What evangelicals have needed, particularly since Christianity lost its dominant place in Canadian culture in the 1960s, is a new theological outlook on diversity. They have needed a different and more complex understanding of God's way in the world, one that will maintain the evangelical conviction that God is at work to call the world back to God's self. But also that Christians are to cooperate with God in that work while in the midst of a social pluralism that entails both religious freedom for others (for God is not interested in coerced "conversion") and cooperation with others on a wide range of matters for the common good.
Such an alternative outlook is already present within Canadian evangelicalism. The Christian Reformed community in Canada, with theology and social theory forged in the Netherlands by such luminaries as Abraham Kuyper (d. 1920) and Herman Bavinck (d. 1921), has led the way in evangelical circles in thinking about how to live as Christians in a pluralistic society. Popular evangelical authors such as Don Posterski and Brian Stiller have published helpful introductions to such a stance. And I have written a much more ambitious ethics outlining an evangelical approach to pluralism.7 Some evangelical leaders—notably those of the Evangelical Fellowship of Canada—have been influenced by such thinking, as have scholars and pastors from coast to coast. The rank and file, however, still find these ideas new—as is evidenced in letters to the editors of Christian periodicals or comments on weblogs whenever such ideas are articulated.
Canadian evangelicals, therefore, can be counted on to continue to support religious freedom for co-religionists elsewhere. They are also pragmatic enough to connect that concern with religious freedom more generally—as has been the case among evangelicals campaigning for religious freedom in the United States.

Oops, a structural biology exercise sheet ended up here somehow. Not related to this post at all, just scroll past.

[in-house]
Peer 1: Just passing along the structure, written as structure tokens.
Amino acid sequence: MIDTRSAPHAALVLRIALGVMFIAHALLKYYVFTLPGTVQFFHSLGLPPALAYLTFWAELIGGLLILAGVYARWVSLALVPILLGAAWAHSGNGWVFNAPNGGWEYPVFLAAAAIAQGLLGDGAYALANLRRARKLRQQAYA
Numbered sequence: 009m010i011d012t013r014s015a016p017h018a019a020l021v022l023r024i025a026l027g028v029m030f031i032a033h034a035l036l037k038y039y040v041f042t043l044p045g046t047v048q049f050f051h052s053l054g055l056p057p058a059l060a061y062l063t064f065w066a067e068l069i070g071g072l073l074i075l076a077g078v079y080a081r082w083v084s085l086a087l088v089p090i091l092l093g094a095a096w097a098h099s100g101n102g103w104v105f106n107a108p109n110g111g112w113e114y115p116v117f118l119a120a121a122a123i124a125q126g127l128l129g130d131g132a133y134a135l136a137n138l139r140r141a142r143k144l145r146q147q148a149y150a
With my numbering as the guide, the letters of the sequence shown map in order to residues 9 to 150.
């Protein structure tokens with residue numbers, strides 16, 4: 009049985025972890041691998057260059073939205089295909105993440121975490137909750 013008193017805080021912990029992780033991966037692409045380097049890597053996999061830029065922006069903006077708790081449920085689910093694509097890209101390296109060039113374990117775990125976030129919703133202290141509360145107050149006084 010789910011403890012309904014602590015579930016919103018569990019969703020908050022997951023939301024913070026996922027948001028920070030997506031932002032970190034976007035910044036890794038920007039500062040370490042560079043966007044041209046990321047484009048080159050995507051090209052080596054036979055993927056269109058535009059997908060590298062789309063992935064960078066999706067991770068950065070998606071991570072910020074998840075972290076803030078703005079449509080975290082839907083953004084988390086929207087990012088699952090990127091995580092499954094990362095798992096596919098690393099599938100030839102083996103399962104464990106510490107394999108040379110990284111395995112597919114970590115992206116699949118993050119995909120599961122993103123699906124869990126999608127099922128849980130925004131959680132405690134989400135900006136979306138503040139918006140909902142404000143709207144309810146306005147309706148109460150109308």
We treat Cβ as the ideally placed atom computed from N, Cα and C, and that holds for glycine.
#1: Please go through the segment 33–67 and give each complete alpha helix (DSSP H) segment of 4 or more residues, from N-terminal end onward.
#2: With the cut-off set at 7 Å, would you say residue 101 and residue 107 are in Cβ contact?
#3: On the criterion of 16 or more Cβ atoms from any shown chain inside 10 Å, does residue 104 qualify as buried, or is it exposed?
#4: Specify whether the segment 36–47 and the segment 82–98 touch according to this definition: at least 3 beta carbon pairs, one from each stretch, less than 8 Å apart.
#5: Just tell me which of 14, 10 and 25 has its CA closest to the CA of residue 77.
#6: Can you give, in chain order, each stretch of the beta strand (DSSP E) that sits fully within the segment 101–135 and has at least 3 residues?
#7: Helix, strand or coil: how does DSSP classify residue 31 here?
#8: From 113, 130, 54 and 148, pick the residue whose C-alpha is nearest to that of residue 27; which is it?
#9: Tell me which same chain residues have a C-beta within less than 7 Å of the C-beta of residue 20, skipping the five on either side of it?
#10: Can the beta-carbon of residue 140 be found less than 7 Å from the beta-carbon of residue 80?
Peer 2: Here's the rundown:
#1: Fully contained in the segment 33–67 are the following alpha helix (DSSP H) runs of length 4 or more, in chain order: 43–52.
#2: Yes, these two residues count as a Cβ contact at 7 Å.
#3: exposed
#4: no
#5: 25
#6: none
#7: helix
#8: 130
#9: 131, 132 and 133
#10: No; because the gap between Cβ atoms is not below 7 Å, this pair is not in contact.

Evangelicals will also continue to be deeply ambivalent about religious freedom here at home. But, then again, so are most Canadians, whose commitment to the ideological freedom of their opponents is not always obvious, including Canadians among our elites in the media, higher education, the judiciary, or government. We Canadians have a long history of pragmatic cooperation, yes, but also of one group setting the terms for everyone else for proper Canadianness—whether in colonial New France or British North America, in Maurice Duplessis's Quebec or "Toronto the Good," or in post-Christian Canada now dominated by secularist, liberal ideals from which one dissents only at one's cost. We Canadians are not yet reflexively multicultural, or even all that tolerant of dissent when that dissent is significant enough to affect elections, education, or economics.
Indeed, Canadian evangelicals increasingly demonstrate worry that their own religious freedom is being curtailed here in Canada. Evangelicals typically (not universally) think abortion is wrong in most, if not all, instances. Evangelicals also typically (not universally) think homosexuality is a psycho-spiritual disorder that ought not to be "normalized" in Canadian society (by, for example, the legitimization of same-sex marriage) even as homosexuals ought to be protected as fellow citizens entitled to the same human rights as anyone else. In today's cultural climate, evangelicals fear the curtailment of their freedom to continue to voice their convictions on such issues and to work for public policies in accord with those convictions. Even sharing the gospel with Canadians of other religions has been denounced as offensive, "anti-multicultural," even racist. "Hate speech" laws, arbitrary human rights commissions, unsympathetic judges, and bullying pundits combine to form a "chilly climate" indeed for these and other social concerns of evangelicals in Canada today. A federal Office of Religious Freedom must ensure that its policies internationally square with vigorous defense of human rights domestically as well.
To be sure, the ambivalence among evangelicals and among Canadians generally regarding religious freedom here at home is appropriate in at least one key respect. For freedom of religion is always properly bounded by other concerns, such as the freedom of others, the common good, the limitation of resources, distinctions about which modes of freedom are appropriate (e.g., shouting "Fire!" in a crowded theatre when there is no fire), and the reality that some neighbours will use their freedom to try to curtail, or even take away, mine, someone else's, or everyone else's but theirs.